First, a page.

Their next single, "We Two", from their seventh studio album, The Net (May 1983), reached No. 22 in the US.[21] It had been co-produced by the group and Ern Rose (Mississippi, Rénee Geyer, Stars).[3][41] DeGagne reviewed the album, which "failed to capture the same success they experienced with Shorrock at the helm. The same type of soft rock fluidity and laid-back charm has been replaced with a sound that seems forced and somewhat strained."[42] In 1983, "You're Driving Me Out of My Mind" became the group's last single to reach the US Top 40.[42] The band moved towards a 1980s style of sound and added a keyboardist, David Hirschfelder (ex-Peter Cupples Band, who had guested on The Net and at some LRB shows), in September 1983.[2][3]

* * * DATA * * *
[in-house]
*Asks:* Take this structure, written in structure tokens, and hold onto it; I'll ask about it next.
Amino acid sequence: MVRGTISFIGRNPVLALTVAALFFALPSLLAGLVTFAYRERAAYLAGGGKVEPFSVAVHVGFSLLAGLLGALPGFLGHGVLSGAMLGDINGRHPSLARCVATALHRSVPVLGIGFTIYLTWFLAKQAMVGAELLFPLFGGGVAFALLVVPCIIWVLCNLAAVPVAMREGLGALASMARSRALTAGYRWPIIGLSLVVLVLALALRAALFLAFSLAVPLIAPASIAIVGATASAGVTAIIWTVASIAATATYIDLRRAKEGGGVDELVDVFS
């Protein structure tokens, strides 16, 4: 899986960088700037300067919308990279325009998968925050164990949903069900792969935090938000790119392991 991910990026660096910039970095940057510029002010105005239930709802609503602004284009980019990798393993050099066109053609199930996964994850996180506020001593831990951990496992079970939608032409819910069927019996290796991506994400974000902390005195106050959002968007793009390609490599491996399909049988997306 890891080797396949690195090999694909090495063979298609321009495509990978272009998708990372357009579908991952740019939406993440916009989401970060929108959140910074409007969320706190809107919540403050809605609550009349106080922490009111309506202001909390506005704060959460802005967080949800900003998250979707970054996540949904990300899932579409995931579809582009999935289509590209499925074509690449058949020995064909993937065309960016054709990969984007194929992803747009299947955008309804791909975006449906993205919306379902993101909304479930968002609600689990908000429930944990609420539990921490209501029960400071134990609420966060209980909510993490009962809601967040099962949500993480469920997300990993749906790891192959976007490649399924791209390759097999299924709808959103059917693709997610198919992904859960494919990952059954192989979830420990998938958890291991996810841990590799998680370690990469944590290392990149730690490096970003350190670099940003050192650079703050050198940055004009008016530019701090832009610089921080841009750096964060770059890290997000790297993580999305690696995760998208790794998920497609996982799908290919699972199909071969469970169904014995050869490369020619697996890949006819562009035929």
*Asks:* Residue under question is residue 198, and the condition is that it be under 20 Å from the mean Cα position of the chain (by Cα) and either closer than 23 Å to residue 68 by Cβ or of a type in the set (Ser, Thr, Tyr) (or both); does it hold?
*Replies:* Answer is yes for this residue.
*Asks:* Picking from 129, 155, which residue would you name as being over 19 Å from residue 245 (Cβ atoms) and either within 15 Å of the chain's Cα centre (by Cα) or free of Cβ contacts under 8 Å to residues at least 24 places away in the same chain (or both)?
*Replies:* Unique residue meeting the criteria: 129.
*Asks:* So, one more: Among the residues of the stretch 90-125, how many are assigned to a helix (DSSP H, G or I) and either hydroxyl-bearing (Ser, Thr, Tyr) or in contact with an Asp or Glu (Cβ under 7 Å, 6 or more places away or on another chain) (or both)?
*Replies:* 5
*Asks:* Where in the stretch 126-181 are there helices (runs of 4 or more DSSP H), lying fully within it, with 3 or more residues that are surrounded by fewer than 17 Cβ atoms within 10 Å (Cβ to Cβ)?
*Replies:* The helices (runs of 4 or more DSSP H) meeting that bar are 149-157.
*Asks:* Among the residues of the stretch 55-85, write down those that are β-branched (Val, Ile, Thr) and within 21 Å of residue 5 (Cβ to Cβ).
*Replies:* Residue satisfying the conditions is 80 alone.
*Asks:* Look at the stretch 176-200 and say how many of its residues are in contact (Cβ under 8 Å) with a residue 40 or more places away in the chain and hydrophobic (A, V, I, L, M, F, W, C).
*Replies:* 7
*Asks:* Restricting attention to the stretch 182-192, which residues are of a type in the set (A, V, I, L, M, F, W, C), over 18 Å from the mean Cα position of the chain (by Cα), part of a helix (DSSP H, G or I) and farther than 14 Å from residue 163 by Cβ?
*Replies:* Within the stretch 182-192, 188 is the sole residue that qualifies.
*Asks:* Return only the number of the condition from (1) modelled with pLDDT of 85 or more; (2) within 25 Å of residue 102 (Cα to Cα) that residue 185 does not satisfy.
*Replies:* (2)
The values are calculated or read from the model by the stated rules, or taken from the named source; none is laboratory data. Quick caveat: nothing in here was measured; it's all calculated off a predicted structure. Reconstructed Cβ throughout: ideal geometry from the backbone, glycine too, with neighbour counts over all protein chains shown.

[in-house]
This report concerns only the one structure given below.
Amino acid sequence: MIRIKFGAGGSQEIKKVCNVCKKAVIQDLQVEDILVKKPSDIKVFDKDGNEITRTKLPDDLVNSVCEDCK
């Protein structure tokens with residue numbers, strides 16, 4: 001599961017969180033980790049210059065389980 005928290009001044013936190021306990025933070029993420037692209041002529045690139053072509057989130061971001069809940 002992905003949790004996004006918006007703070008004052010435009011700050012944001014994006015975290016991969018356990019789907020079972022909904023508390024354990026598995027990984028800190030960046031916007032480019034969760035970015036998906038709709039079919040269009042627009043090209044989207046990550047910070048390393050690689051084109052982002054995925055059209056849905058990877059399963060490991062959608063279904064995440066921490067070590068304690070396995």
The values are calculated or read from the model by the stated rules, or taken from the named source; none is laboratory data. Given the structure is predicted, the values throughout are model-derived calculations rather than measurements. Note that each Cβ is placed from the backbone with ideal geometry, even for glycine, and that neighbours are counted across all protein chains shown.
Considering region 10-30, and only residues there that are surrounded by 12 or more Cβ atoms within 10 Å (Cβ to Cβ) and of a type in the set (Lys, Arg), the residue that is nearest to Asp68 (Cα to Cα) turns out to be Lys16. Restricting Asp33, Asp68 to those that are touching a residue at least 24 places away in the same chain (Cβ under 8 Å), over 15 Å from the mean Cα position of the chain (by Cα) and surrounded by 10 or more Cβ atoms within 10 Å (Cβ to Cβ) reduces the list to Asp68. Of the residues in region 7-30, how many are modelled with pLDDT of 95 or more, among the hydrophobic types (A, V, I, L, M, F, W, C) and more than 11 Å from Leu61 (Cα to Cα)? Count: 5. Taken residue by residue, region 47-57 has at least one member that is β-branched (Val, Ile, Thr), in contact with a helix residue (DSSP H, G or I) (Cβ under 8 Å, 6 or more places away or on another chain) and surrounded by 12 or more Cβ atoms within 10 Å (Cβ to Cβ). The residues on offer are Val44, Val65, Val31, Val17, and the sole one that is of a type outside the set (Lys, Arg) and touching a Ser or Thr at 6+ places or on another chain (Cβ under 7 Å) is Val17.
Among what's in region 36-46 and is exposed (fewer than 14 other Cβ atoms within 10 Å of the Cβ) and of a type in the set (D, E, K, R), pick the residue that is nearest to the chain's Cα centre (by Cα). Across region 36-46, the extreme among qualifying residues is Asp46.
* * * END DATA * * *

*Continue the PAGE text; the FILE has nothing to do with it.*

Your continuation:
The pressures of success and constant touring took their toll on the band as line-up changes continued. Birtles left in October 1983 because he did not like the harder, more progressive musical path which Goble was taking and because he had preferred Shorrock's vocals.[39] Birtles contributed to soundtracks for feature films, From Something Great (1985) and Boulevard of Broken Dreams (1988).[2][3] He also worked as a session musician, eventually relocating to the US and releasing a solo album, Driven by Dreams, in 2000.[3][43] Pellicci left in February 1984 for similar reasons and Steve Prestwich (ex-Cold Chisel) replaced him on drums.[2][3] Pellicci also became a session musician: including working for Brian Cadd.[3]